Over time, the U.S. poultry industry has bred strains of birds that grow rapidly to meet consumer demand for chicken products — especially breast meat — but that rapid growth has led to a higher incidence of muscle tissue defects that could lead to revenue loss, according to the University of Georgia.
A team of University of Georgia and U.S. Department of Agriculture poultry scientists have now received a Critical Agricultural Research & Extension (CARE) grant from USDA to help develop ways to use chicken meat with these tissue defects that increase sustainability and profitability.
Tthe team, led by Harshavardhan Thippareddi, the John Bekkers professor of poultry science in the University of Georgia College of Agricultural & Environmental Sciences (CAES), has received a $300,000 grant from USDA’s National Institute of Food & Agriculture to support their work.
“The basic problem is that when the birds start growing to a certain size, approximately 9 lb. or higher, the breast meat can develop myopathies that effect texture,” Thippareddi said. “There are many factors that can contribute to this, including the strain of bird and the growth rate. In the poultry industry, a significant proportion of the birds produced are 9 lb. or larger because they are used for breast filet meat that is used in products such as chicken sandwiches or nuggets in restaurants.”
The most common breast meat myopathies are white striping, woody breast and spaghetti meat. These have become a serious concern for the poultry industry, affecting up to 20% of breast meat, which could create a significant economic loss if that meat is not used, the university said.
While the texture of the meat is affected — "woody breast" describes bulging and areas of hardened consistency, and "spaghetti meat" describes separated fiber bundles in the breast meat — nutritionally there is little difference in the meat, but it can’t be used as breast fillets. White striping is primarily an aesthetic issue that causes the appearance of white striations in the breast meat. These myopathies are easily identified when birds are processed.
“USDA inspects all of the meat processed for human consumption for safety and wholesomeness. When processors harvest chickens, they inspect every bird to determine if it is edible or inedible, and this is when these defects are identified,” Thippareddi said. “With woody breast, spaghetti meat or white striping, there is nothing wrong with the meat; it is just a matter of texture. Just like when you buy ground beef for hamburgers, you know that is not made from the best quality steak. With pork chops, you want to use the loin rather than the shoulder. It is a matter of using the right cuts for the proper use.”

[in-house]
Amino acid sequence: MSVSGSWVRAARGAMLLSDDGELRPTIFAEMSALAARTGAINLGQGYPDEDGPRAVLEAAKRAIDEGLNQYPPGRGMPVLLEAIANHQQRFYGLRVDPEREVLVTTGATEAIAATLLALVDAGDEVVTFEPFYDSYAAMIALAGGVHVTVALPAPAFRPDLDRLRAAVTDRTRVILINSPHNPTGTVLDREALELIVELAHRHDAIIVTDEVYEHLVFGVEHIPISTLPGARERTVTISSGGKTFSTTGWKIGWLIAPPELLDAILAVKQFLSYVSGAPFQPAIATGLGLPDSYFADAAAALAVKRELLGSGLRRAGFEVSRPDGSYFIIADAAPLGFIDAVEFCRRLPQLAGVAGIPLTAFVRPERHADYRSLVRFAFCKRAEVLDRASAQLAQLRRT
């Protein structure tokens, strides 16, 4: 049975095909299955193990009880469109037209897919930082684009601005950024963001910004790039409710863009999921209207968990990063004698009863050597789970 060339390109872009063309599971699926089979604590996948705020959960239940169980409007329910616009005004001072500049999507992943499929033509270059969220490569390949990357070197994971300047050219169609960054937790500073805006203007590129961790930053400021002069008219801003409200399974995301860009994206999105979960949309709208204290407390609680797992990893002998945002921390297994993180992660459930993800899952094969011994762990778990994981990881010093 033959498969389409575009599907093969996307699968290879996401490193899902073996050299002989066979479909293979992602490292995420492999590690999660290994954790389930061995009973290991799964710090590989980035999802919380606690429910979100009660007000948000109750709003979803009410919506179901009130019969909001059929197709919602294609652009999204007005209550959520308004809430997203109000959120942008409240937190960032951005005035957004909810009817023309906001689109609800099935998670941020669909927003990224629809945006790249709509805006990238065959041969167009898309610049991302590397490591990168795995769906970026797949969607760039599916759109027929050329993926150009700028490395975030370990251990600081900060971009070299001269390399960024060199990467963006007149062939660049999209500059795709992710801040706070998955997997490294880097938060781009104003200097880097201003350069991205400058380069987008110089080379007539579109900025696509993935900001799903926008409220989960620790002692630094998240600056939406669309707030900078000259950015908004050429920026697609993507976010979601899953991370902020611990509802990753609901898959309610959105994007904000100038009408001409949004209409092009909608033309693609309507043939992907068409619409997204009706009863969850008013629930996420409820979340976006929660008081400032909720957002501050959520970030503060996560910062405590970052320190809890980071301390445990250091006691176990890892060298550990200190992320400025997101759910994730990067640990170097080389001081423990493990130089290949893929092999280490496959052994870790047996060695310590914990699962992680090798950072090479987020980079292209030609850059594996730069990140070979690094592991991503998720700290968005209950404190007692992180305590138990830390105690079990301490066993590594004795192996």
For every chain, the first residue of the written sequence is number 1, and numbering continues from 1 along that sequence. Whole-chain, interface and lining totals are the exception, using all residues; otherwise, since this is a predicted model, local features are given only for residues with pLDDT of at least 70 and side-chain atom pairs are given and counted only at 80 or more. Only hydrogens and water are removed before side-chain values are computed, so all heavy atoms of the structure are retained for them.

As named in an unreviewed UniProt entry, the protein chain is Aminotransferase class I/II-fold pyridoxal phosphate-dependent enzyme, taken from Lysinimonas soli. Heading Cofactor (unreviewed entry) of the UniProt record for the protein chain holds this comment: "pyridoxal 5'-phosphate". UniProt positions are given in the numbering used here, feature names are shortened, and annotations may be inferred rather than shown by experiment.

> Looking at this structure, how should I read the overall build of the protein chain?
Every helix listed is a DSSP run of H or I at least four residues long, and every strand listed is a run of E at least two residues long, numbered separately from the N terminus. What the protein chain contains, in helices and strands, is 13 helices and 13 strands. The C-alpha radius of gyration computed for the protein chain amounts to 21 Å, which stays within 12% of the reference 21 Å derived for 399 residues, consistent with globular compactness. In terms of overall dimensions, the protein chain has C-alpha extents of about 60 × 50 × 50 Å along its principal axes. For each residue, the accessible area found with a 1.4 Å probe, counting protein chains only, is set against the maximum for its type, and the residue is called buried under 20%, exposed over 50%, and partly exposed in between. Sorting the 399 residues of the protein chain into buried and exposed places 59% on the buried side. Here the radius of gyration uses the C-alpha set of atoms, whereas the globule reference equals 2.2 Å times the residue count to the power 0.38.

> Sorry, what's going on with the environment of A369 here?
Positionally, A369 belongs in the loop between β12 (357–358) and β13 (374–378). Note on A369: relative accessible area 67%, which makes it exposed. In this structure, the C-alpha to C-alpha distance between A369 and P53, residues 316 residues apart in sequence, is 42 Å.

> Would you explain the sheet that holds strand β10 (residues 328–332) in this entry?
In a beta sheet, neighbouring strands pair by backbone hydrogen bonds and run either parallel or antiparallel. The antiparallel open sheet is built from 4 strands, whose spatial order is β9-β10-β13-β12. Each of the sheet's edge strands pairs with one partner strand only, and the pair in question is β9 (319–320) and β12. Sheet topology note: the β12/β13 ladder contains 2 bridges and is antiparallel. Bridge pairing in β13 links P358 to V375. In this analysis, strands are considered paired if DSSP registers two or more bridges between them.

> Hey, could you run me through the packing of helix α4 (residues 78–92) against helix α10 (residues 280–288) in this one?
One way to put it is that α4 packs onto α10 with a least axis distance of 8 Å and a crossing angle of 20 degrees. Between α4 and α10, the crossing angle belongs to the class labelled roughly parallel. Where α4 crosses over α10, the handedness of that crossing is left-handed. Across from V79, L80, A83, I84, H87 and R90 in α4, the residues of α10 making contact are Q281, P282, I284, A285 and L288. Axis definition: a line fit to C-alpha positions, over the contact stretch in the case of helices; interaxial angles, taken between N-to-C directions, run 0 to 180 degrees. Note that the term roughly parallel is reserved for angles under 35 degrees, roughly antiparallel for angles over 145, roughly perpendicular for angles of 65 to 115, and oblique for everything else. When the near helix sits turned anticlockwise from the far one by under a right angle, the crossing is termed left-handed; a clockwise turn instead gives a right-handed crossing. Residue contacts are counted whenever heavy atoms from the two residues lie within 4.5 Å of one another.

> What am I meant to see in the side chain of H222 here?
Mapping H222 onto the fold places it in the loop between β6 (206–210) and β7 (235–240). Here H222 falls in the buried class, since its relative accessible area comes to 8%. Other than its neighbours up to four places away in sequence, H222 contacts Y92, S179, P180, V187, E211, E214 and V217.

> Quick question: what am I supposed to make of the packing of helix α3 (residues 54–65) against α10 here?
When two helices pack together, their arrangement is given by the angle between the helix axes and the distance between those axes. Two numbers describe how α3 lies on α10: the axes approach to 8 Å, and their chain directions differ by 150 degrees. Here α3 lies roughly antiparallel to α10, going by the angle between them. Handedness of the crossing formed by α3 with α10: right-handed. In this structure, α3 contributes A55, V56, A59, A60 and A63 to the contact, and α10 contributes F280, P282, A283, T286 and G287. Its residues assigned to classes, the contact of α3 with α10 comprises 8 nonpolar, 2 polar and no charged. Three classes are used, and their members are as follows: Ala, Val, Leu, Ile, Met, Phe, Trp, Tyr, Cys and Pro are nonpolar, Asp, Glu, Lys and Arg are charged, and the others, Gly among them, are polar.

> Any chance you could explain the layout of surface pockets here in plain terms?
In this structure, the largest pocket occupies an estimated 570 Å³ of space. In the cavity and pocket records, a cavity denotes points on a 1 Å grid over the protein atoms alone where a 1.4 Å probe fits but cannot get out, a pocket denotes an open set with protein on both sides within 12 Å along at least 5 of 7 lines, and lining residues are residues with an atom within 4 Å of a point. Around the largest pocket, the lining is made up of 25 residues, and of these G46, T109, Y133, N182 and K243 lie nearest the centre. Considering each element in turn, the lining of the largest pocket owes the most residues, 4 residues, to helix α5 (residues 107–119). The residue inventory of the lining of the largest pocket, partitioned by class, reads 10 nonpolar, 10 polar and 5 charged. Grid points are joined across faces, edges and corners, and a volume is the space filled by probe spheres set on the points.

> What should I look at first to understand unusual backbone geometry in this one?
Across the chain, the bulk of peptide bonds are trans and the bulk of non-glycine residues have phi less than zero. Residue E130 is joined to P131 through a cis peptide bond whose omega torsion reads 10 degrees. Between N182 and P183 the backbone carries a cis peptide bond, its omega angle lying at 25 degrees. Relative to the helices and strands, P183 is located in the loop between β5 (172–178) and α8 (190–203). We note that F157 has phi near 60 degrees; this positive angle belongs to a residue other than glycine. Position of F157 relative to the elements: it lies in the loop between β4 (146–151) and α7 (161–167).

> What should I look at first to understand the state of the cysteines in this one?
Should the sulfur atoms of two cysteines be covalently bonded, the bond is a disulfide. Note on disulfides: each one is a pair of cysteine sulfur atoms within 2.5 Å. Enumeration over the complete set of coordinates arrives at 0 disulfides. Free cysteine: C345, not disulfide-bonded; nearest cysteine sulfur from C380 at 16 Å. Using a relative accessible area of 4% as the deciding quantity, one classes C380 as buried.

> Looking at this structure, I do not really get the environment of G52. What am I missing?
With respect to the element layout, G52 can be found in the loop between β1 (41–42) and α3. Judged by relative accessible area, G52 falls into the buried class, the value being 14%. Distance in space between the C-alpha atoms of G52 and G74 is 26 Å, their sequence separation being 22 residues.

The University of Georgia-USDA team will work to create new products that will increase the value of breast meat with white striping, woody breast or spaghetti meat so that it is not relegated for use in lower-value products such as animal feed.
“We can include this meat into high-value processed products, like all-chicken hot dogs, and enhance its economic value,” Thippareddi said. The meat can also be used to create poultry versions of sausages that are made primarily with higher-fat meats such as pork or beef.
“With chicken sausages, you are distributing that higher fat and collagen across the product by grinding the meat, so you can use 20-50% woody breast meat without impacting the texture of the product,” he said. “So, instead of throwing away the value of that meat, the processor can retain its value. They grew the birds, took care of them and fed them, and losing 20% of the meat means a loss of sustainability. We can address that.”
The team will spend three years developing products that will both have high consumer appeal and are more profitable for producers, the announcement said.
“We can do the research and give that information to the processors and show them how they can derive value out of the woody breast or spaghetti meat that occurs. Right now, they are losing money on this, but we can create products that add value for the processors, so it helps the poultry industry,” he added.
Thippareddi has spent his research career focused on improving productivity, processing yields and using underutilized poultry meats while assuring the quality and microbiological safety of poultry and poultry products.
“The goal is to make chicken as visible out there on the grocery shelves as beef and pork sausages and other products,” he said.
Collaborators on the project include University of Georgia meat science researchers Alexander Stelzleni and Dean Pringle in the department of animal and dairy science and scientists Brian Bowker and Hong Zhuang with USDA's National Poultry Research Center.
In addition to developing new products, the grant also covers outreach and education efforts with industry members through webinars and workshops to increase poultry processor awareness and to help the poultry meat industry increase profitability and enhance long-term sustainability.